And still, and still, and still: he hasn’t killed himself yet. He’s not ready to give up what he is, I think, even if it means living the lonely life of the outsider. I think some of what makes this episode so powerful for really big dorks like, um, me is that it touches on the flipsides of nonconformity, how being a big ol’ weirdo can be a thing of pride, and yet it still hurts to be picked last for the kickball team. Maybe the hurt is why the outsiderness becomes a thing of pride — if I can’t be normal, then let me be confident in my weirdohood.
Speaking of being a dork, and reminded by Joan and her strength — which I would not share, faced with the choice of traveling with the Doctor, or not: I’d go in a shot… I’m writing new stories in my own fan fiction universe, in which the Doctor, Eccleston and Tennant variety, begins to regularly visit a former human companion, Ayren, with whom he’d been in love, as she was with him. (Their original relationship was the subject of the fanfic I wrote in the late 80s and early 90s, which I will get around to posting here sometime soon.) And it’s all very selfish on the Doctor’s part, which he acknowledges to himself and hates himself for, because even though traveling with him drove her a little insane — okay, more than a little, but she’s better now, more than ten years after having left him — he’s so desperately lonely, especially after Rose is gone, that he begs her to travel with him again. Which she refuses to do, because even though she still loves him madly, and knows he loves her passionately, she also knows she’d finally go round the bend permanently if she were to live that life again. (This is what I can point to when people accuse me of writing a Mary Sue. Are you nuts? I can say. She’s an idiot for not going with him!) And she also knows that he’d go crazy staying still in one spot for very long, so there’s no way for them to be together. It’s a crazy doomed star-crossed romance, I tell ya. I’ve only written these stories in my head, at the moment, but I can’t see how I’m going to get away with keeping my sanity if I don’t actually write them out for real.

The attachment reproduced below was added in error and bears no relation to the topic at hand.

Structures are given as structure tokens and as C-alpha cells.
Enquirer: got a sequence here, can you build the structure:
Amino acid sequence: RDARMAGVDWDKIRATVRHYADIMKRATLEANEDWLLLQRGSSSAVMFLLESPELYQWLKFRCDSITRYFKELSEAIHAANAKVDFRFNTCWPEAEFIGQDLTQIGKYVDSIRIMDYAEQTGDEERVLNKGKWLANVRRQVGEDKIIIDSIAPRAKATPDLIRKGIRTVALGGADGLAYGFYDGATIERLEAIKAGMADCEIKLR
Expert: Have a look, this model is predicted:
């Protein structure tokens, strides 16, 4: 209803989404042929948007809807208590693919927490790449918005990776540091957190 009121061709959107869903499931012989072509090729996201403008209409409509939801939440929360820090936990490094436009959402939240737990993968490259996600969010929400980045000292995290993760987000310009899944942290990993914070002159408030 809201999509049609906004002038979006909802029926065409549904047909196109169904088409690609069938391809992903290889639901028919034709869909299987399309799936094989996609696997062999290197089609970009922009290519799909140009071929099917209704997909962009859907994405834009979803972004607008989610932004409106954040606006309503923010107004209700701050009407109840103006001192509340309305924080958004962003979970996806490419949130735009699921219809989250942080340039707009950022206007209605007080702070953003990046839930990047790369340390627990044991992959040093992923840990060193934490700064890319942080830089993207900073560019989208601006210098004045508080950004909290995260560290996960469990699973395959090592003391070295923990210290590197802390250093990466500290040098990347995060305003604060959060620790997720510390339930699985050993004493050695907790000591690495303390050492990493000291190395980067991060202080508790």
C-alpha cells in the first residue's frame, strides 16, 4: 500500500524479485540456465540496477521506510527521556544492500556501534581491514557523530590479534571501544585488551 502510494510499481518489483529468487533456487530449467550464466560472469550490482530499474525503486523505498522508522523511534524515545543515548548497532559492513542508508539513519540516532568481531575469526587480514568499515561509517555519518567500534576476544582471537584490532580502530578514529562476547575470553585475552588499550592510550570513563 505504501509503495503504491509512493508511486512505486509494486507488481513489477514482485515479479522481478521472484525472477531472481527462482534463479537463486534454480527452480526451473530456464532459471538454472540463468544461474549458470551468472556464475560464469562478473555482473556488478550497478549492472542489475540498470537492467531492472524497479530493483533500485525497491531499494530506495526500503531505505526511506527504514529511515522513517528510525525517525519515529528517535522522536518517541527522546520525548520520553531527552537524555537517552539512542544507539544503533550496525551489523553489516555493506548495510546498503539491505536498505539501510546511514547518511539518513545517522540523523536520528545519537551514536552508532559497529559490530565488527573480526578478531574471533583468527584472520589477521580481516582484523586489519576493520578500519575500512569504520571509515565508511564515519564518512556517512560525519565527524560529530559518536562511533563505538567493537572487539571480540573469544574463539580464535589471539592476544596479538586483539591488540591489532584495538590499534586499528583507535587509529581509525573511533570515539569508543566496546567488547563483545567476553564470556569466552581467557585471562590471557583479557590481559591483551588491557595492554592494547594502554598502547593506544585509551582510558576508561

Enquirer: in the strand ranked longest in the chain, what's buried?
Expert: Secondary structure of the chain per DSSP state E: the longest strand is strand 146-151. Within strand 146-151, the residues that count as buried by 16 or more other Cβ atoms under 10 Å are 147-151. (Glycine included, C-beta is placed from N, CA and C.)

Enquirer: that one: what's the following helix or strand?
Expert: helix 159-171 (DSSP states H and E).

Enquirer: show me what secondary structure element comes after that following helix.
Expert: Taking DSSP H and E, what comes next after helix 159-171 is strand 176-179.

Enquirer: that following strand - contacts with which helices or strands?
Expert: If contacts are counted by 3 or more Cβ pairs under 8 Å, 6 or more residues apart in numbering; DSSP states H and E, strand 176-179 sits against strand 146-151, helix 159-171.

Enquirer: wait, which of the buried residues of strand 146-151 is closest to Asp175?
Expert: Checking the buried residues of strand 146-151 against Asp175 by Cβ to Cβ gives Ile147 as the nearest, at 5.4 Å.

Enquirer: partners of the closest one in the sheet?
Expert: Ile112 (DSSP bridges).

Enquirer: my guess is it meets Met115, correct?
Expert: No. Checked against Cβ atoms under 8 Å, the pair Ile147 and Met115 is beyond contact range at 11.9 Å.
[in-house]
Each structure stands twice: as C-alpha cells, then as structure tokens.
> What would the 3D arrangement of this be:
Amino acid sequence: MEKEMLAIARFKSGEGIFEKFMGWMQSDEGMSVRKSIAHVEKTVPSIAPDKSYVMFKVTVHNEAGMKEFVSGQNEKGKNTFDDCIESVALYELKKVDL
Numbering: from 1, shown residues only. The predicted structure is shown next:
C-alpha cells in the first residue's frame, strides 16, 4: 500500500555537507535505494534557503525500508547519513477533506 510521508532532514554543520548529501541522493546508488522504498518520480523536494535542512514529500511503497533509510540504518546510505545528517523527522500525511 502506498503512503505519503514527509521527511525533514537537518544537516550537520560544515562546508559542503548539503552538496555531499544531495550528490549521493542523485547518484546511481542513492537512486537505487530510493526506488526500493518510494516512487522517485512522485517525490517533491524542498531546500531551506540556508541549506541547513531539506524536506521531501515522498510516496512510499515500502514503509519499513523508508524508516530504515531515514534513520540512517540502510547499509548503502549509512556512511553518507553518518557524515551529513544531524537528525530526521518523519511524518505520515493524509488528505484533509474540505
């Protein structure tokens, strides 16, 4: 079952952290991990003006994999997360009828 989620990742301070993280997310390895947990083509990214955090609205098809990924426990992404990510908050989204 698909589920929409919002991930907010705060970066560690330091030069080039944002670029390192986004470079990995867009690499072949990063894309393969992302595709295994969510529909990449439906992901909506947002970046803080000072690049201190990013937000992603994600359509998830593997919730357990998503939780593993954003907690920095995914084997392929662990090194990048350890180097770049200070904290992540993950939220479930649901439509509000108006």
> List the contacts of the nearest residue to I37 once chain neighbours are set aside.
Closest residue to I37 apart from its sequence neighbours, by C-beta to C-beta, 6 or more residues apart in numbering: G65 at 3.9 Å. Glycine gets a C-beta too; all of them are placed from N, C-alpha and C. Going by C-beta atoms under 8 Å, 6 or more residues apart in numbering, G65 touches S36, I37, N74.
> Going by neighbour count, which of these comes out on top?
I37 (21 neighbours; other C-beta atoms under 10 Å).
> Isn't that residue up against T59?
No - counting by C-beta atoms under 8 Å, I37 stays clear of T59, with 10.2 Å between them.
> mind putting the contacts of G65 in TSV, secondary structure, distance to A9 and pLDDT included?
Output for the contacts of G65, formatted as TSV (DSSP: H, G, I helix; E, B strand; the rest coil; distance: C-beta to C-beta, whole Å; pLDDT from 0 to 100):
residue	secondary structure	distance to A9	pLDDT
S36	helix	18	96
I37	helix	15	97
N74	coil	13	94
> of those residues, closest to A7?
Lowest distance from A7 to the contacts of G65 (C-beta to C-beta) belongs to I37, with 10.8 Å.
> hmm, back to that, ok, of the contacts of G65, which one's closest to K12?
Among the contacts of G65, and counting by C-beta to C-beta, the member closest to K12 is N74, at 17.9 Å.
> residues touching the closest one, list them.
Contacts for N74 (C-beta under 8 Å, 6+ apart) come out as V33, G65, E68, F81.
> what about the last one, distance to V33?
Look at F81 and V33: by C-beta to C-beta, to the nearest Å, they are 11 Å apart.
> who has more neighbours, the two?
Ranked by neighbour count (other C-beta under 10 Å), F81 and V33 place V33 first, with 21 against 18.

On David Tennant: “Oh, you look the same,” Joan tells the Doctor after John Smith is “dead,” but he doesn’t look the same at all. Tennant’s John is completely different from his Doctor, from how he carries himself to how he speaks: that moment when the Doctor busts out briefly to explain why Tim can hear the watch, and the instant switch back to John… it really is like flipping a switch. Tennant is brilliant, and I’m almost as madly in love with him and his talent as a I am with the Doctor.
Random thoughts on “The Family of Blood”:
• Some great lines in this episode: “God, you’re rubbish as a human!” “I’m ever so good at science, sir.” “This Doctor sounds like some romantic lost prince.”
• John never fires his gun in the battle scene. I was sure, the first time I saw this, that he would shoot the “little girl” and that that would be the beginning of his remembering who he is. And on every subsequent viewing, I think, “Okay, this time he will shoot her,” and he never does.
• School as a theme keeps showing up on the new DW: the regimentation, the enforced conformity… I’m guessing Russell Davies didn’t have the best and most wonderful childhood ever.
• That ending gets me every time, the Doctor and Martha popping in on Tim’s life near its end. It’s something that was rarely touched on in the old show: all the ordinary people who have been impacted by the Doctor. (Would anyone have died?, Joan asks… but people are saved too.)
(next: Episode 10: “Blink”)